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Design And Analysis Of GTEM Cell Using CST Studio Simulation

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This paper presents the design of Gigahertz Transverse Electromagnetic (GTEM) cell with a dimension of 2.1m x 1.2m x 0.81m over a frequency range from DC up to 1 GHz using finite-difference time-domain (FDTD) method in computer simulation technology (CST) microwave studio. Different design parameters such as tapering length of central conductor (septum), transition in the apex, septum height etc. were taken into consideration before finalizing the dimensions of the cell. The field uniformity inside the cell and volume of equipment under test (EUT) has been presented as per the standard IEC 61000-4-20. The GTEM cell can be used for EMC measurements i.e. Radiated Susceptibility and emission testing. The designed GTEM cell will be implemented for commercial use in EMI/EMC division laboratory of SAMEER, Mumbai.


All the electrical and electronic devices which are potential source of EMI i.e. electromagnetic interference must be electromagnetically compatible to ensure that simultaneous use of electronic devices does not degrade their performance [1]. EMC measurements includes emission and immunity (susceptibility) tests. In emission test, measurements are made to discover if any unwanted signals being radiated from the system (radiated EMI) or appearing on the power lines or control/data lines of the system (conducted EMI) exceed the limits specified by standard agency. In case of immunity testing the system is exposed to selected levels of electromagnetic field at different frequencies to check the satisfactory performance of the system in its operational environment [2].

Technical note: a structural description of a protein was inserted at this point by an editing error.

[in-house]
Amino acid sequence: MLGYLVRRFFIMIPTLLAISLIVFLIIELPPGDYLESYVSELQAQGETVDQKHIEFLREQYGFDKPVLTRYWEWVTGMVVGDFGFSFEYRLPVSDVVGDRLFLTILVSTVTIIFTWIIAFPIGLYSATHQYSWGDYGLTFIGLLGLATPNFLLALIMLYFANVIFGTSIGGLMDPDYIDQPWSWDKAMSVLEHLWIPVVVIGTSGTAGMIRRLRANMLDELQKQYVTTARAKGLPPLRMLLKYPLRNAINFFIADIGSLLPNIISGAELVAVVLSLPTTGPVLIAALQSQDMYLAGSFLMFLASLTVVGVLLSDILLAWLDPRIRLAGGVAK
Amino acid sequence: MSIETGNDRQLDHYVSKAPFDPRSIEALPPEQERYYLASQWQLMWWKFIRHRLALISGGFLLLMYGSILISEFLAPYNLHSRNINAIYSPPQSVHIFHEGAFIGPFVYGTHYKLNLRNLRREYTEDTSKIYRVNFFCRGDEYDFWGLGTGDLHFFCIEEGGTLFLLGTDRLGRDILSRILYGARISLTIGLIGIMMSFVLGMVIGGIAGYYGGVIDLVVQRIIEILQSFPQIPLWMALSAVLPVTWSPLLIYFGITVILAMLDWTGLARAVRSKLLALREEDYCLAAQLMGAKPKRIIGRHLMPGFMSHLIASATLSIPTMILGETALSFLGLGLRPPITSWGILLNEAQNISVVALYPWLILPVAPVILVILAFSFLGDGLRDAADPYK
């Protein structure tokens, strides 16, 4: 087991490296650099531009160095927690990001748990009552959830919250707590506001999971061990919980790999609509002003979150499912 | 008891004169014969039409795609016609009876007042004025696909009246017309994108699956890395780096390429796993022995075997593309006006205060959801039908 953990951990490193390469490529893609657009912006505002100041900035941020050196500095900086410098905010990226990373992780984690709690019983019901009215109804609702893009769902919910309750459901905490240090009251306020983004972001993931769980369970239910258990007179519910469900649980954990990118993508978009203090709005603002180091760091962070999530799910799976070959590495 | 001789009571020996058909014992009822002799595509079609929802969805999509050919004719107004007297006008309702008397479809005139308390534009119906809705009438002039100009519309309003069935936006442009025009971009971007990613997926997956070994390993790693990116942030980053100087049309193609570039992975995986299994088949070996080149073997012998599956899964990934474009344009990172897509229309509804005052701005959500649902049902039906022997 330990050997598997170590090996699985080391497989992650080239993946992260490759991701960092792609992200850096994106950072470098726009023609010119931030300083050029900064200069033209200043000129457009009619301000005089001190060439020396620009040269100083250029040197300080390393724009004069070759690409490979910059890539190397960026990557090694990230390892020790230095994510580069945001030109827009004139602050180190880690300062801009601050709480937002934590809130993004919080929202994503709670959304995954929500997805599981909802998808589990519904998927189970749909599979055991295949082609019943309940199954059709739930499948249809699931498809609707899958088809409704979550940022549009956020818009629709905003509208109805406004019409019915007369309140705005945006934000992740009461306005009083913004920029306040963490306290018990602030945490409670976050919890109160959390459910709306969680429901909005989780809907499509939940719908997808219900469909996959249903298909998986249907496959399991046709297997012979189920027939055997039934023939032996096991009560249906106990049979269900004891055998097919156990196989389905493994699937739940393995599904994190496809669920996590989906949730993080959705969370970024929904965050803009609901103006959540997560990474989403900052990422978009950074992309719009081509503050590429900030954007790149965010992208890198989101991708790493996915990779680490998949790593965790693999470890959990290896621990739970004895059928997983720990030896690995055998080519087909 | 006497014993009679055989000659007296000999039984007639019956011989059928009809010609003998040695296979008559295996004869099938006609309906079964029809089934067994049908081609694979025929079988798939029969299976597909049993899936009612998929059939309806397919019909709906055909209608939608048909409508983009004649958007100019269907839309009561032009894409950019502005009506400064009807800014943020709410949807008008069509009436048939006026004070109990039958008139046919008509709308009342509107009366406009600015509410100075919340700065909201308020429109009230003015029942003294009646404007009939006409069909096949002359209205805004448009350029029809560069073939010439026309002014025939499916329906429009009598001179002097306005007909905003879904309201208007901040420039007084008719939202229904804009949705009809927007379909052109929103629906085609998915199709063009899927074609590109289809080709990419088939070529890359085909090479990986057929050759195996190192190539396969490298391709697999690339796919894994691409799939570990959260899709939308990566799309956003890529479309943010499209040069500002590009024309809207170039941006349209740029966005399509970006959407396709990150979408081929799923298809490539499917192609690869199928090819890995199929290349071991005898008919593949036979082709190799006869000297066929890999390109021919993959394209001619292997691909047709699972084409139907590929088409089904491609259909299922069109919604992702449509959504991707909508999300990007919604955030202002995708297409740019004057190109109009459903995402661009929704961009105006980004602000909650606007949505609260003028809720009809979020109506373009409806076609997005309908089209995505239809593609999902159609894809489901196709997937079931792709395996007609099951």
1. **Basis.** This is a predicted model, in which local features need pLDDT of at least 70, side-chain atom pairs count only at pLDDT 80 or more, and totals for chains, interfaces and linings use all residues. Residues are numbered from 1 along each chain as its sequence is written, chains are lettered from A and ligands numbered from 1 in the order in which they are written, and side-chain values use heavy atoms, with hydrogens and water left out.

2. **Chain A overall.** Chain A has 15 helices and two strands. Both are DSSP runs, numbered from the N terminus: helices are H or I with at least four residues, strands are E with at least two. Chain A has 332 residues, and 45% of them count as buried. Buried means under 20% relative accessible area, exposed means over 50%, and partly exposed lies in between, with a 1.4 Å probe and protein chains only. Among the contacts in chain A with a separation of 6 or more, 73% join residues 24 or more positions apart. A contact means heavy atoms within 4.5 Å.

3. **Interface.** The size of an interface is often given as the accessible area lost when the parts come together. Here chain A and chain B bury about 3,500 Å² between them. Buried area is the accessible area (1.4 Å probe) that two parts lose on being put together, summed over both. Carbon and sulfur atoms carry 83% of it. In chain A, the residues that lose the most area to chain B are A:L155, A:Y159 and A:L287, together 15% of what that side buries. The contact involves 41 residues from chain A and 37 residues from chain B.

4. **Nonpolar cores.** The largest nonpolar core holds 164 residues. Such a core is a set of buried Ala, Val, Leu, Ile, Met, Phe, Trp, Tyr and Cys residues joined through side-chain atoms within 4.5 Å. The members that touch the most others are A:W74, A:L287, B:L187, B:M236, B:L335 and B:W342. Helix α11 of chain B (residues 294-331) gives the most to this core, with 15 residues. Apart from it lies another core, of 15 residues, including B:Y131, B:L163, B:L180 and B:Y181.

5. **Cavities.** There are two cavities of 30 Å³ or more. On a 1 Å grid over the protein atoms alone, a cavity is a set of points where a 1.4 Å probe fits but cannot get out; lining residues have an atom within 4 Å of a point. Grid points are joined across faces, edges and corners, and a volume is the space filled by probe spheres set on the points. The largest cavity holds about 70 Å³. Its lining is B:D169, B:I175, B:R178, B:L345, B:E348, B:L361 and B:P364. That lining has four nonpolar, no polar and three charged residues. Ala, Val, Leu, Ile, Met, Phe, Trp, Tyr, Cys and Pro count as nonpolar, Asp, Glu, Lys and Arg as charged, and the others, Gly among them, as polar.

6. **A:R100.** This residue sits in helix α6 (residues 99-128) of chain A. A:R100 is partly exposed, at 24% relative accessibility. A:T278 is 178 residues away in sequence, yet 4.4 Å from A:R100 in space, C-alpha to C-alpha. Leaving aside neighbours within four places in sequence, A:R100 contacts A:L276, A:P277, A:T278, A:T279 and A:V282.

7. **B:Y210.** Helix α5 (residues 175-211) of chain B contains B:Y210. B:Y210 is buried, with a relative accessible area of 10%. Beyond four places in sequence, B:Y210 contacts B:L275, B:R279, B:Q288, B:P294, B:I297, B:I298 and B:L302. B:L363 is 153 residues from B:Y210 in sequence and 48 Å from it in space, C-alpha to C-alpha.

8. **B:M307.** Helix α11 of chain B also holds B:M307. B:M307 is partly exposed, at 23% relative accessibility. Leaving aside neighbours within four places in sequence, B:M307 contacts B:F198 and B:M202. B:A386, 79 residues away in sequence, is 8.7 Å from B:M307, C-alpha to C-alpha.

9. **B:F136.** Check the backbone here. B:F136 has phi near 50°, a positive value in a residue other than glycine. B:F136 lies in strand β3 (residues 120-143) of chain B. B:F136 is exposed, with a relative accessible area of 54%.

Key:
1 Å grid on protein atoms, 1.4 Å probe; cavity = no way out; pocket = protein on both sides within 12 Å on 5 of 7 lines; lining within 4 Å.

Suitable test environment is needed for EMC measurements and there are various measuring methods available with its own pros and cons. For radiated emission test the Open Area Test Site (OATS) is known as the reference test facility but it has limitations like large obstruction free space, unfavorable weather conditions, noise issues etc. A semi-anechoic chamber has electrically equivalent characteristics to OATS and have no reflections but the main limitation is its poor performance at low frequencies along with the high cost. Both of these methods are time consuming and they require antennas for measurements [3]. The GTEM cell was developed in 1984 for the higher frequencies (GHz range) by Asea Brown Bovery Ltd. in Switzerland to avoid the limitation of TEM cells [4].

GTEM cell provides the electromagnetic environment that is free from ambient noise and disturbances from the external environment will not affect test results. There is no need for antennas as the field is created by the cell itself. The field generated will also not interface with external electrical devices [5].

Description of gtem cell

A. GTEM cell structure

The GTEM cell is a flared rectangular transmission line with a thin wide conductive central plate (septum) whic is terminated by a hybrid combination of resistors and RF absorbers.

The cell has opening angles of 20° and 30° in vertical and horizontal plane respectively. The inner height to width ratio is 2/3 and the angle between bottom plate and septum is 15°. The septum is typically situated at ¾ th of the cell height but can be set at some offset to increase the test volume as its effect on field uniformity is negligible and is also verified with the help of simulations. For feeding the cell, the tip of input section (apex) consist of standard 50Ω coaxial connector, the geometrical design of the cell should ensure matched characetristic impedance of 50Ω throughout the cell length. There are different approved numerical methods to calculate the impedance of the cell [6].